In an effort to overcome shortcomings of rigid unplasticized vinyl chloride polymers it has recently been proposed to blend these polymers with moderate amounts of acrylic polymers of low molecular weight, that is acrylic polymers having reduced specific viscosities as measured as 0.1% solutions in chloroform of about 2. However, in order to obtain the desired effect it has generally been found necessary to add more of the acrylic polymer than is acceptable in some applications, such as the manufacture of rigid pipe for drinking water. We have now found unexpectedly that if the rigid unplasticized vinyl chloride polymer is blended with an acrylic polymer having a considerably higher molecular weight, for example equivalent to a reduced specific viscosity of from at least 4.5 and up to 18 or even higher, less of the acrylic polymer is required to achieve the desired increase in processability. This is surprising as acrylic polymers of high molecular weight are generally regarded as being unworkable by the normal extrusion, injection moulding and milling processes used for rigid unplasticized vinyl chloride polymers and it would have been expected that blending these materials with rigid unplasticized vinyl chloride polymers would have an adverse eifect on the processing of the resultant composition.
Thus, according to the present invention, We provide a rigid, essentially vunplasticized solvent free thermoplastic polymeric composition comprising a polymer of vinyl chloride and at least 0.1% by weight of the vinyl chloride polymer, of an acrylic polymer having a reduced specific viscosity, as measured on a 0.1% solution in chloroform at 20 C., of at least 4.5, said acrylic polymer being a polymer 'of methyl methacrylate with from 0 to 25% molar of an alkyl acrylate in whichthe alkyl group contains from 1 to 10 carbon atoms, said composition contain ng less than 5% by weight of plasticizer.
Such compositions are basically different in properties, function and use from plasticized vinyl chloride polymer compositions containing methyl methacrylate polymers. In this connection it is noted that methyl methacrylate polymers of varying molecular weights have been incorporated into highly plasticized flexible vinyl chloride polymer compositions in the past for various reasons. The preparation of such prior compositions presents no particular difficulty since the plasticizer used is a plasticizer for the methyl methacrylate polymer as well as the vinyl chloride polymer. However, the successful incorporation of acrylic polymers into vinyl chloride polymer compositions, as proposed herein, and the usefulness of the resul ing compositions are highly unexpected in view of the essential absence of plasticizer in these compositions.
The polymer of vinyl chloride used herein may be a homopolymer of vinyl chloride or a copolymer of vinyl chloride with up to 20% by Weight of another copolymerisable monomer or a chlorinated polymer of vinyl chlo ride. The homopolymers of vinyl chloride are preferred because of their good all round properties in the applications envisaged. 7
Examples of alkyl acrylates that may be copolymerised with methyl methacrylate to form our specified acrylic polymers are methyl acrylate, ethyl acrylate, n-butyl acrylate and the higher homologues. In general, as the molecular weight of the comonomer increases, a greater weight of it will be required to achieve a given molar concentration of comonomer in the copolymer. In addition, there is some evidence indicating that as the molecular weight of the comonomer increases, there maybe a decrease in compatibility of the copolymer with chloride polymers. Thus it is generally preferable to use the lower molecular weight acrylates, i.e. those in which the alkyl groups contain from 1 to 4 carbon atoms.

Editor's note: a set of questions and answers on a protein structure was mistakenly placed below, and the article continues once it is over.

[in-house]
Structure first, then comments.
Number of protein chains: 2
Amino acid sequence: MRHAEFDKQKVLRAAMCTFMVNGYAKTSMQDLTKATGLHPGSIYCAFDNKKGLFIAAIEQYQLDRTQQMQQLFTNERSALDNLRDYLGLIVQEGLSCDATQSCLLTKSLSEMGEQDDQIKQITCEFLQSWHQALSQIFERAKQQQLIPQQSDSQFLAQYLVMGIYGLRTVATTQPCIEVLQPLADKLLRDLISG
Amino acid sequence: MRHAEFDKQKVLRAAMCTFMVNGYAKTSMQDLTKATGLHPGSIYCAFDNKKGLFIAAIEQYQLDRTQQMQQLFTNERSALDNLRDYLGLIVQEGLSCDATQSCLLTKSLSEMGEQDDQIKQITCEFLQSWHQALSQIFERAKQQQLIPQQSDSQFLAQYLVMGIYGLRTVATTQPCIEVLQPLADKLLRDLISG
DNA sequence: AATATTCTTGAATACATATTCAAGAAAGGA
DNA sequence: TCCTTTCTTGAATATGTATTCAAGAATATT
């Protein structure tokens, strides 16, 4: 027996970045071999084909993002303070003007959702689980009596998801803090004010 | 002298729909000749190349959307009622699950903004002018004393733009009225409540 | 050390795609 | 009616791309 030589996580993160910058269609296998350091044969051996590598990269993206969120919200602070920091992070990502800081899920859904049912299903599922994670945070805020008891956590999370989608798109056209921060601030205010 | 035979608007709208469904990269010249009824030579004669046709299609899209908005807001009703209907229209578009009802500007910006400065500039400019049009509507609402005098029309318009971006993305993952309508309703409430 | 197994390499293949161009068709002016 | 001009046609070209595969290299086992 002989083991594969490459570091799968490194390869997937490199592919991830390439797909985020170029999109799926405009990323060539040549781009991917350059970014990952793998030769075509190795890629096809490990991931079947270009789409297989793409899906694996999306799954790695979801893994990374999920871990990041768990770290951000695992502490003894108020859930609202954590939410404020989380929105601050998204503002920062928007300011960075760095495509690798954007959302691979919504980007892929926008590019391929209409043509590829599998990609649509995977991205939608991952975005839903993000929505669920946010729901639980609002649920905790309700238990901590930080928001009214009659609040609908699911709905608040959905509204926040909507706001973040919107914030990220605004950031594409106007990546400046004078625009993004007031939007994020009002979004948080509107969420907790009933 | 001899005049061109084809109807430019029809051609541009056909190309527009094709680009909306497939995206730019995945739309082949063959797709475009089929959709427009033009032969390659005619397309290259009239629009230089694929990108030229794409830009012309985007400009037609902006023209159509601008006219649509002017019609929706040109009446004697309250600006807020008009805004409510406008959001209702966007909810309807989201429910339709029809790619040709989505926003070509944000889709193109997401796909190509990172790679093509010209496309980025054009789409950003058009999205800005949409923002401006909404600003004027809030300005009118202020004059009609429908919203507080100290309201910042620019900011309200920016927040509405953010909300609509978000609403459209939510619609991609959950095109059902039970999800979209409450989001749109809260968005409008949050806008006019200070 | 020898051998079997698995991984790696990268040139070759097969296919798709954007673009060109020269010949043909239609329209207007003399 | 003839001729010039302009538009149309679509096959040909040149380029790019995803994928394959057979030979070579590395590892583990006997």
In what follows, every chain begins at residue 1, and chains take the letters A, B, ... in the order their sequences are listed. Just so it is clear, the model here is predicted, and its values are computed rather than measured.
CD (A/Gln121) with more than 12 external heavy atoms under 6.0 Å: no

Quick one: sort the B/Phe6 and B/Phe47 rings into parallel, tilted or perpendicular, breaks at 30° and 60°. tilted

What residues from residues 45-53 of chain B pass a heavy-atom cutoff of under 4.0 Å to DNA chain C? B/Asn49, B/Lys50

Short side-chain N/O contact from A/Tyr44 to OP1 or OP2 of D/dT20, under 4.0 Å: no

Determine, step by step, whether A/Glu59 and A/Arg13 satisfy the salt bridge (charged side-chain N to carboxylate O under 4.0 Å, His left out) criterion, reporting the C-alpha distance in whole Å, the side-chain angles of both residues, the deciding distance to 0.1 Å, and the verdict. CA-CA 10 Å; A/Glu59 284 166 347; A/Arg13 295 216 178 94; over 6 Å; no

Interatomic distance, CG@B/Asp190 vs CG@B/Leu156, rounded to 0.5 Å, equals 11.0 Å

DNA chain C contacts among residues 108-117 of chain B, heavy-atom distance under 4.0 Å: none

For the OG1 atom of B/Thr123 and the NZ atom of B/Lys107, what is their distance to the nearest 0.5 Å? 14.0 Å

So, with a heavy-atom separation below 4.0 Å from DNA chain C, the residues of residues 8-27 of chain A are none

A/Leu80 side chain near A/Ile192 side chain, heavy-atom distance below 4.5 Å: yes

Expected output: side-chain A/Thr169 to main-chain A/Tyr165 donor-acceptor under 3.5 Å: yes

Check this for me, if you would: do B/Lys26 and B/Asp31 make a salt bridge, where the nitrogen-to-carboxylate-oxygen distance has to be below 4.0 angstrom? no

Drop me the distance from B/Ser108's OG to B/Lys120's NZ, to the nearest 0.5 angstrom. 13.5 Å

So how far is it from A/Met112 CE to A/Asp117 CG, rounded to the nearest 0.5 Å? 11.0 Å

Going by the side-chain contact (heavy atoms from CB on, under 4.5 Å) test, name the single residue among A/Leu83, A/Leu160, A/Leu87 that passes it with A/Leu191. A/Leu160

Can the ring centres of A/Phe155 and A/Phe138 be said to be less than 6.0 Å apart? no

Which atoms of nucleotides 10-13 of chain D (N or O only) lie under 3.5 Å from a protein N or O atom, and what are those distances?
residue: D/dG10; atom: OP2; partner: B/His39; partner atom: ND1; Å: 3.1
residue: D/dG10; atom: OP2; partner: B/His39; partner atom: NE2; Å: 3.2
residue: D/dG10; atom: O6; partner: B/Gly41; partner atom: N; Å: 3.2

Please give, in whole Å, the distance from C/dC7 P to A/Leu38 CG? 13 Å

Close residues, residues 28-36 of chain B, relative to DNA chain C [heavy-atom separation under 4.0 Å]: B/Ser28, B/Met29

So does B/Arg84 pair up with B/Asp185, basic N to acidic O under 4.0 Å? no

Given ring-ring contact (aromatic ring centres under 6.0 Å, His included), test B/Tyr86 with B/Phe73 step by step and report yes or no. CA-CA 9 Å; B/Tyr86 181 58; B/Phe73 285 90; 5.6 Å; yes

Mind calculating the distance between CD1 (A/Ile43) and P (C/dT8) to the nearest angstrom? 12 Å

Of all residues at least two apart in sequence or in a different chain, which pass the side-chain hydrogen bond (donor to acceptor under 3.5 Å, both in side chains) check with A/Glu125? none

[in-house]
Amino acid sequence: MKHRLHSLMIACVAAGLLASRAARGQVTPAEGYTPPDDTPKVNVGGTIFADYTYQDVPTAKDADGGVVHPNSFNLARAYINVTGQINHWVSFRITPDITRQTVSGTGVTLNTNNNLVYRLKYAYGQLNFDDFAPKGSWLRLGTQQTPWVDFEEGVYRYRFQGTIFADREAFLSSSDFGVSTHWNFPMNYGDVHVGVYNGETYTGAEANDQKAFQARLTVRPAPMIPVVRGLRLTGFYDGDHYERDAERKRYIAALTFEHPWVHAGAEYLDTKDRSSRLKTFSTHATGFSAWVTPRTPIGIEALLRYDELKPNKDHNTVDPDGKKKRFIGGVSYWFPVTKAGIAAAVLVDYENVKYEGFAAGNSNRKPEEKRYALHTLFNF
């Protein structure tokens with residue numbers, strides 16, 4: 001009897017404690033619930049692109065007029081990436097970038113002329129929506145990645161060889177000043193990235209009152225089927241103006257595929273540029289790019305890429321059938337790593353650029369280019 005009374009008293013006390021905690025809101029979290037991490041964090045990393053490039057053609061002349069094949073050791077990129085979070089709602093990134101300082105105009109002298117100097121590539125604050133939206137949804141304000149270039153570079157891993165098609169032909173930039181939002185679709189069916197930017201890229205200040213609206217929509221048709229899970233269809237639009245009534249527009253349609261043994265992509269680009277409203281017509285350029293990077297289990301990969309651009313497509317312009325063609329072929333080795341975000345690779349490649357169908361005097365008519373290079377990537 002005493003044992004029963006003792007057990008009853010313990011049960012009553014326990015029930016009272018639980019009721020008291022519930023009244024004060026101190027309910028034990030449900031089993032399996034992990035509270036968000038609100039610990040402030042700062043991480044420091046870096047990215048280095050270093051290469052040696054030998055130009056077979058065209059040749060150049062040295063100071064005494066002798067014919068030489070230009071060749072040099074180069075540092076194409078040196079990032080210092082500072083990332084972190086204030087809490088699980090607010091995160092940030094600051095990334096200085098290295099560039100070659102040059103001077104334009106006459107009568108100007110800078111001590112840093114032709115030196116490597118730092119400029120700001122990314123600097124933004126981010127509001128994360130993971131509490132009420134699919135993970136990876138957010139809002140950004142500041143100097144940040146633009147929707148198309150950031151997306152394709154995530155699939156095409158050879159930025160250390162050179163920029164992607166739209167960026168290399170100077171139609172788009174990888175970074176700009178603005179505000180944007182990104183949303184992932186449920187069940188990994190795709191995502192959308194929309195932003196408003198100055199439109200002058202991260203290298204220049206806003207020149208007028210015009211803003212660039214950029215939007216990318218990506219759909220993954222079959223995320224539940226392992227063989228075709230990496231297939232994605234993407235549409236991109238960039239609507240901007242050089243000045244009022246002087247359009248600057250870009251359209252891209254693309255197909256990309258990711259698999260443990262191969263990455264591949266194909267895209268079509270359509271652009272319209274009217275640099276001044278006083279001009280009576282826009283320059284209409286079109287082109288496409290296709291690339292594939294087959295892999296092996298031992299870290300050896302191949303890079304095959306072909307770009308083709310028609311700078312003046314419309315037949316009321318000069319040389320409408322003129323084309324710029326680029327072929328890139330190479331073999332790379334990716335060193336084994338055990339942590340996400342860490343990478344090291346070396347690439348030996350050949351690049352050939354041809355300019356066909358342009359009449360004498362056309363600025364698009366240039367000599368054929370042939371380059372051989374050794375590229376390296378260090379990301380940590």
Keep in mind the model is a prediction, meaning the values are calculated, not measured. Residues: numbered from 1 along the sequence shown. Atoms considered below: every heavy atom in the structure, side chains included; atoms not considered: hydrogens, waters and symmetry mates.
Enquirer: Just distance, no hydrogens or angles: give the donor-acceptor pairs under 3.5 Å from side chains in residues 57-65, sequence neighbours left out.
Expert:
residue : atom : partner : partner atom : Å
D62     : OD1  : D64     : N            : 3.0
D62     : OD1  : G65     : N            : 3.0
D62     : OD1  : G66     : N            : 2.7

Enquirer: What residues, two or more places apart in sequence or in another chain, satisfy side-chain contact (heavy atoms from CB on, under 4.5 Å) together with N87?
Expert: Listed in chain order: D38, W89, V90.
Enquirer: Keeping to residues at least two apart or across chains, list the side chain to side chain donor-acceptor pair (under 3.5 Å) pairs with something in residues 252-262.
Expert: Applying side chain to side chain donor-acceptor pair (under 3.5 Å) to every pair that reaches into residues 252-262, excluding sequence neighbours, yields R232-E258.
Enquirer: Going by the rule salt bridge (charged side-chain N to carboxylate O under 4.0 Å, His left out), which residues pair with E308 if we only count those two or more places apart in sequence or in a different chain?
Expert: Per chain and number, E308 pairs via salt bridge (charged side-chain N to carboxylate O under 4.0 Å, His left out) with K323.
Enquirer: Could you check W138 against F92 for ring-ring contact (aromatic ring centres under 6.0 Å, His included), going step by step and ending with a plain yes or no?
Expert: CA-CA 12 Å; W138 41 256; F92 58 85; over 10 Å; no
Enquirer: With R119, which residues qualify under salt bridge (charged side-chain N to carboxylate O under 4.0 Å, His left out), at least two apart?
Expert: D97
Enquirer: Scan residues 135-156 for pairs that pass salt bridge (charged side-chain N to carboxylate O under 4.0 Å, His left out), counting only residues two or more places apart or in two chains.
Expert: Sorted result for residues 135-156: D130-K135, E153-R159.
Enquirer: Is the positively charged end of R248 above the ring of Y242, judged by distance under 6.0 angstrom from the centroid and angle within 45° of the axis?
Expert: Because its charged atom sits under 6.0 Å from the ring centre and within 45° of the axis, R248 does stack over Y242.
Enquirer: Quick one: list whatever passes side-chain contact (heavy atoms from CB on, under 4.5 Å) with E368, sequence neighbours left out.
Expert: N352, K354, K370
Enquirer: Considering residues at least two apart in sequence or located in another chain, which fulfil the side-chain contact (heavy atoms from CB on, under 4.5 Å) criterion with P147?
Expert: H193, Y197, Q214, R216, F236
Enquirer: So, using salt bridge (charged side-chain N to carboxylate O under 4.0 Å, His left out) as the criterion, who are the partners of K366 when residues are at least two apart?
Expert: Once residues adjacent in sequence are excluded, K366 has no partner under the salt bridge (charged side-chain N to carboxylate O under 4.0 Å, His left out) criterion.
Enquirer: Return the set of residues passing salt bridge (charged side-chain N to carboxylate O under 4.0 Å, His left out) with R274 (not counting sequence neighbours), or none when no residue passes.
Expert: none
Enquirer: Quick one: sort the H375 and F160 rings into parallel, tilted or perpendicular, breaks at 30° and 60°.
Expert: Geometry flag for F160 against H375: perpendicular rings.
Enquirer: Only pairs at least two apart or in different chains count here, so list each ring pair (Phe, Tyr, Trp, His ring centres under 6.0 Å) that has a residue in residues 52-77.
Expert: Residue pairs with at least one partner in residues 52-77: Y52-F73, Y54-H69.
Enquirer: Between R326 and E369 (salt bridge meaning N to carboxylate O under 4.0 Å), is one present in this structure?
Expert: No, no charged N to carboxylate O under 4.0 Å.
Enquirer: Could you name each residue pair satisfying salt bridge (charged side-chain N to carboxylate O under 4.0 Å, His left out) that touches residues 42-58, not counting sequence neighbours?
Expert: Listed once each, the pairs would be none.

The acrylic polymer may be formed by any suitable process for the polymerisation or copolymerisation of methyl methacrylate. However, it is preferred to obtain the polymer finally in the form of small particles and since the use of a bulk polymerisation process would normally entail a further communition process to obtain small particles, it is preferred to effect the polymerisation in aqueous medium. We have also found that when the product from a' granular polymerisation process is incorporated in the vinyl chloride polymer composition, fabricated articles formed from the composition frequently stiffer from heterogeneity due to the presence of undispersed acrylic particles and while this effect may be reduced to some extent by increasing the alkyl acrylate content of the acrylic polymer, this can become uneconomical. We have found that this defect can be substantially reduced or avoided by forming the acrylic polymer in an emulsion polymerisation process and we prefer, therefore, to use emulsion-formed polymers.
The molecular weight of the acrylic polymer to be blended with the vinyl chloride may be controlled by any suitable means during the'polymerisation process. For example, polymerisation temperature, catalyst, concentration and concentration of chain transfer agent all control the molecular weight of the polymeric product. Generally speaking, decrease in temperature, decrease in catalyst concentration and decrease in concentration of chain transfer agent all lead to increases of molecular weight. As an example, polymerisation of methyl'metln acrylate at 65 C. with 0.2% by weight of the monomer of potassium persulpha'te as catalyst and 0.1% by weight of the monomer of lauryl mercaptau as chain transfer agent gives a product with a reduced specific viscosity of about 3 while polymerisation under the same conditions but with 0.025% only of lauryl mercaptan gives a product with a reduced specific viscosity of about 6. Polymerisation in the absence of the chain transfer agent will give products of even higher reduced viscosity. The polymerisation reaction is very sensitive to the presence of oxygen and it is preferred both to purge the polymerisation vessel with an inert gas such as nitrogen and to evacuate so as to remove any oxygen dissolved in the polymerisation medium.